Tax Policy for Innovation
A large number of countries around the world now provide some kind of tax incentive to encourage firms to undertake innovative activity. This paper presents the policy rationale for these incentives, discusses their design and potential effectiveness, and reviews the empirical evidence on their actual effectiveness. The focus is on the two most important and most studied incentives: R&D tax credits and super deductions, and IP boxes (reduced corporate taxes in income from patents and other intellectual property).
I thank Laurie Ciaramella, Fabian Gaessler, Ben Jones, Jacques Mairesse, and James Poterba for helpful comments on an earlier draft. Prepared for the NBER Conference on Innovation and Public Policy, Washington, DC, 13 March 2020. The views expressed herein are those of the author and do not necessarily reflect the views of the National Bureau of Economic Research.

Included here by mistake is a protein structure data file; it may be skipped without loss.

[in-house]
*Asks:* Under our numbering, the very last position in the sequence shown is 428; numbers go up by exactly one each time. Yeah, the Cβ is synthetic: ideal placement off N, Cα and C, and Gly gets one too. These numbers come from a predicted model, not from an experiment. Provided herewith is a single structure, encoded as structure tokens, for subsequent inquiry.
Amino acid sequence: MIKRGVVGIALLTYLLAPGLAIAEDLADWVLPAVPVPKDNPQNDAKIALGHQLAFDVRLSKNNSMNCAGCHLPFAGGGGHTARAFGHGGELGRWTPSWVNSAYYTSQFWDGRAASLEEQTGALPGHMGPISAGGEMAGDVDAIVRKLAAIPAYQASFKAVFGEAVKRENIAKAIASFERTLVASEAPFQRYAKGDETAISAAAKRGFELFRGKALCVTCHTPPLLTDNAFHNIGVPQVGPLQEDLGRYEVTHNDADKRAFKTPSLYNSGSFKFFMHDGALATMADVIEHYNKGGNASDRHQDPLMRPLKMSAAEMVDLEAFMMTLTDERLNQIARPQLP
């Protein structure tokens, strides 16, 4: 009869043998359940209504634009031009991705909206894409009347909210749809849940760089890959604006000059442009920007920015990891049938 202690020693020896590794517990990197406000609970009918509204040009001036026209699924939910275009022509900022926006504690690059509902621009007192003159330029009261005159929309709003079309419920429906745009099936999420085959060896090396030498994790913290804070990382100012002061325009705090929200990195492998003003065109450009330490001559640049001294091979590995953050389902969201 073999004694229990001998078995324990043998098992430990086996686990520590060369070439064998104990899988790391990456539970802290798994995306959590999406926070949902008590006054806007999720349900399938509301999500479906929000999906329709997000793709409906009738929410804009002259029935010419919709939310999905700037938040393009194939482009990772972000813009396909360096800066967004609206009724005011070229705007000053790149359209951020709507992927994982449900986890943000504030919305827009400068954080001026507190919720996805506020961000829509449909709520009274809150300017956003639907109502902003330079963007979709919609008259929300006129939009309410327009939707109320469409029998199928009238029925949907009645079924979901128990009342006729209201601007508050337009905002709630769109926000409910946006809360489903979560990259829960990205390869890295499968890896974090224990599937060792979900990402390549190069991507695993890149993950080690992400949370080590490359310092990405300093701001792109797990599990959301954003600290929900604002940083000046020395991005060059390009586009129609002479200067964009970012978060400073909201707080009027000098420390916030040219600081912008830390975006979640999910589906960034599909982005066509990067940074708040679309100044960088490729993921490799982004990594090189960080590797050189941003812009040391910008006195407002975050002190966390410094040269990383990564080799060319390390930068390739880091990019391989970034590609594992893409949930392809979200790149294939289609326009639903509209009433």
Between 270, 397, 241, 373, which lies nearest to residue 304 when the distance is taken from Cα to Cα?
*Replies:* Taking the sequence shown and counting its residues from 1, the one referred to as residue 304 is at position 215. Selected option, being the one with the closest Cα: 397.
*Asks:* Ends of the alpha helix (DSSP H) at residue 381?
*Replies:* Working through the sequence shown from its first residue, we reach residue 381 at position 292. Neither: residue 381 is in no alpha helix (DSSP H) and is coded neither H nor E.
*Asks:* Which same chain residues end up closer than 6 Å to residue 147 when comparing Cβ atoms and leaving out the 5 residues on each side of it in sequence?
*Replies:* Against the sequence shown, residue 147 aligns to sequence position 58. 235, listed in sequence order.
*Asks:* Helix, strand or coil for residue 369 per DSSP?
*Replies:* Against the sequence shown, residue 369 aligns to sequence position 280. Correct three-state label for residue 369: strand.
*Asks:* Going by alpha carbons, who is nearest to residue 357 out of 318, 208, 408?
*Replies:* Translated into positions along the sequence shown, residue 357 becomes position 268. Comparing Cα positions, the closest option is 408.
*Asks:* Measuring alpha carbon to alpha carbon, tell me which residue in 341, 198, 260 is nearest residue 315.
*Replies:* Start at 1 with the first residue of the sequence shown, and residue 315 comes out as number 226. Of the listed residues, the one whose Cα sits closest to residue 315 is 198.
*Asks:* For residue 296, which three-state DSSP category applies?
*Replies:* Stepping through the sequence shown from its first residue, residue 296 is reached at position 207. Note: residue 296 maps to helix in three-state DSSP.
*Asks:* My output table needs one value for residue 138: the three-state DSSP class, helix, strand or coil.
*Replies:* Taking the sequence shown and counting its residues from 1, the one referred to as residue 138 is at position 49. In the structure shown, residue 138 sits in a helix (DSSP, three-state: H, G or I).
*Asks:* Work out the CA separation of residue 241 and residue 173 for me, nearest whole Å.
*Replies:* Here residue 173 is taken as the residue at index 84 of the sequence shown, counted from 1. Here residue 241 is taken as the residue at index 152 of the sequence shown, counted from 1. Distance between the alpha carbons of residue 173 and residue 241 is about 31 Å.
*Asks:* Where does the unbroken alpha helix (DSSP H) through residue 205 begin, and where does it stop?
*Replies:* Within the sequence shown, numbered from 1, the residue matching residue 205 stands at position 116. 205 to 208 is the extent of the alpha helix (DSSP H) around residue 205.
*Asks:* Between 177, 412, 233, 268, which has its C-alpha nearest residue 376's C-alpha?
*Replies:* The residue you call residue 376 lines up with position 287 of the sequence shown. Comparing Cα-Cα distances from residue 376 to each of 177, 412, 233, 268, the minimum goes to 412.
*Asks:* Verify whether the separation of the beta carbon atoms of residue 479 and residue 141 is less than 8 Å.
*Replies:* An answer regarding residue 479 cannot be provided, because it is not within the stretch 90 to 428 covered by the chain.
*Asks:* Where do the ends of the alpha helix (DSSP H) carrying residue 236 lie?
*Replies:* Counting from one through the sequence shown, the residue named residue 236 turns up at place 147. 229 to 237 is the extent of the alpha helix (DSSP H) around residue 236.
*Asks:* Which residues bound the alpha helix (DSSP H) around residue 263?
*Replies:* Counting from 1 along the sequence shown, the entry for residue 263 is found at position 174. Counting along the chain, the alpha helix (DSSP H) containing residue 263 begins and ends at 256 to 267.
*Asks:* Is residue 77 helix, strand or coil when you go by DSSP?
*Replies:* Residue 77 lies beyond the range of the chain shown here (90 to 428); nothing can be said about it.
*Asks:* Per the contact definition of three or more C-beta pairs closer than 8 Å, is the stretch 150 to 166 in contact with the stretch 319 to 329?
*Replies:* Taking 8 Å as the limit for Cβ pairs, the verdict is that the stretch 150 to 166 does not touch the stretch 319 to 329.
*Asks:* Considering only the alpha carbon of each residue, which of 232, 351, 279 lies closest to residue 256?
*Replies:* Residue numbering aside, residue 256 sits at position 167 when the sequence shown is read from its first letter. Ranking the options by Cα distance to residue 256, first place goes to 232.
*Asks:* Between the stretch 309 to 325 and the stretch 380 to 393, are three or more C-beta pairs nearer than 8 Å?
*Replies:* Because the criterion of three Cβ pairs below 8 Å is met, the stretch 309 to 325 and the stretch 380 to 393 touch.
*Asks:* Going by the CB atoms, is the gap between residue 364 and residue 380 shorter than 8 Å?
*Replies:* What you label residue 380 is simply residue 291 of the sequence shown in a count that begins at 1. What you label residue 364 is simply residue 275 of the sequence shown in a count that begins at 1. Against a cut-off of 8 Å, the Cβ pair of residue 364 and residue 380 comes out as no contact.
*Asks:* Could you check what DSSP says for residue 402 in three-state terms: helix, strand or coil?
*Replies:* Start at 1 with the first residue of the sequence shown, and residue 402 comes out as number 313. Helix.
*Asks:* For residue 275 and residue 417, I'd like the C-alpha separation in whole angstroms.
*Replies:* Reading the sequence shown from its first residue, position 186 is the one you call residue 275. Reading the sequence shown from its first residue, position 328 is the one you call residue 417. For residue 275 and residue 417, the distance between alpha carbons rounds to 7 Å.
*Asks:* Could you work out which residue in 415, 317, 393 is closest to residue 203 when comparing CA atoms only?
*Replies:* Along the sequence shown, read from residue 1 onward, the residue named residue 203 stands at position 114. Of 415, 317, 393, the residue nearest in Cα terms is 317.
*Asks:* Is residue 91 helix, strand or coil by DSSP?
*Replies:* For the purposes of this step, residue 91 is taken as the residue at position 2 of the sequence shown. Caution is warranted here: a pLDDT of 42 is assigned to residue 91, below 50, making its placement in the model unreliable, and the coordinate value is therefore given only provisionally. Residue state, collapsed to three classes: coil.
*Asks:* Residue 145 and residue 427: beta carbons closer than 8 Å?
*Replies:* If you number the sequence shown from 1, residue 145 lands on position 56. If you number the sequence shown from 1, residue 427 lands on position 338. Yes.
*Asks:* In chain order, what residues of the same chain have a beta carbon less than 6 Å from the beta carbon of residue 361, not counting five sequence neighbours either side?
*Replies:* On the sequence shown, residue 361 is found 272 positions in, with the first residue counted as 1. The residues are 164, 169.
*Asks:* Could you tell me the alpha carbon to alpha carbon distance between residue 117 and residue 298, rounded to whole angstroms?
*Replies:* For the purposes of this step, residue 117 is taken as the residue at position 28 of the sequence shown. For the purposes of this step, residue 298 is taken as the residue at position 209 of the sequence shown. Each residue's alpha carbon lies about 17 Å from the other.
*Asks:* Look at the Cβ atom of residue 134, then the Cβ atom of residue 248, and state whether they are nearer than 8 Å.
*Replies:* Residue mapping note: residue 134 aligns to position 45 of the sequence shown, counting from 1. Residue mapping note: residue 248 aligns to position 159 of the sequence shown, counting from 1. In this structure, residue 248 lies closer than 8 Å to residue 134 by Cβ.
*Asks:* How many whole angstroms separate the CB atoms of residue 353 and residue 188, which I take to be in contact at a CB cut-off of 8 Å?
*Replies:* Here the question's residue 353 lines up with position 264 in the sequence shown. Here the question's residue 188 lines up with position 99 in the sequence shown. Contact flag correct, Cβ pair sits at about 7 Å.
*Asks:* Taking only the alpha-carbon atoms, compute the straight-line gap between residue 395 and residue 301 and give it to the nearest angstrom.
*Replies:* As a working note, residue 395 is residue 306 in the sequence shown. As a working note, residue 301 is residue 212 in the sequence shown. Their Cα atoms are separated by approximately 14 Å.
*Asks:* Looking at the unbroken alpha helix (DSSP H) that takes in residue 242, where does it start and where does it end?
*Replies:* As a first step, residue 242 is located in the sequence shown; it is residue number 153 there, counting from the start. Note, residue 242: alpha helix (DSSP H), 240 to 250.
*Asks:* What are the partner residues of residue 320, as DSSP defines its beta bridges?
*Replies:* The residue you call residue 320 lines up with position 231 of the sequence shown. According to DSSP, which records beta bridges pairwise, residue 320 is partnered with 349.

Tax Policy for Innovation, Bronwyn H. Hall. in Innovation and Public Policy, Goolsbee and Jones. 2021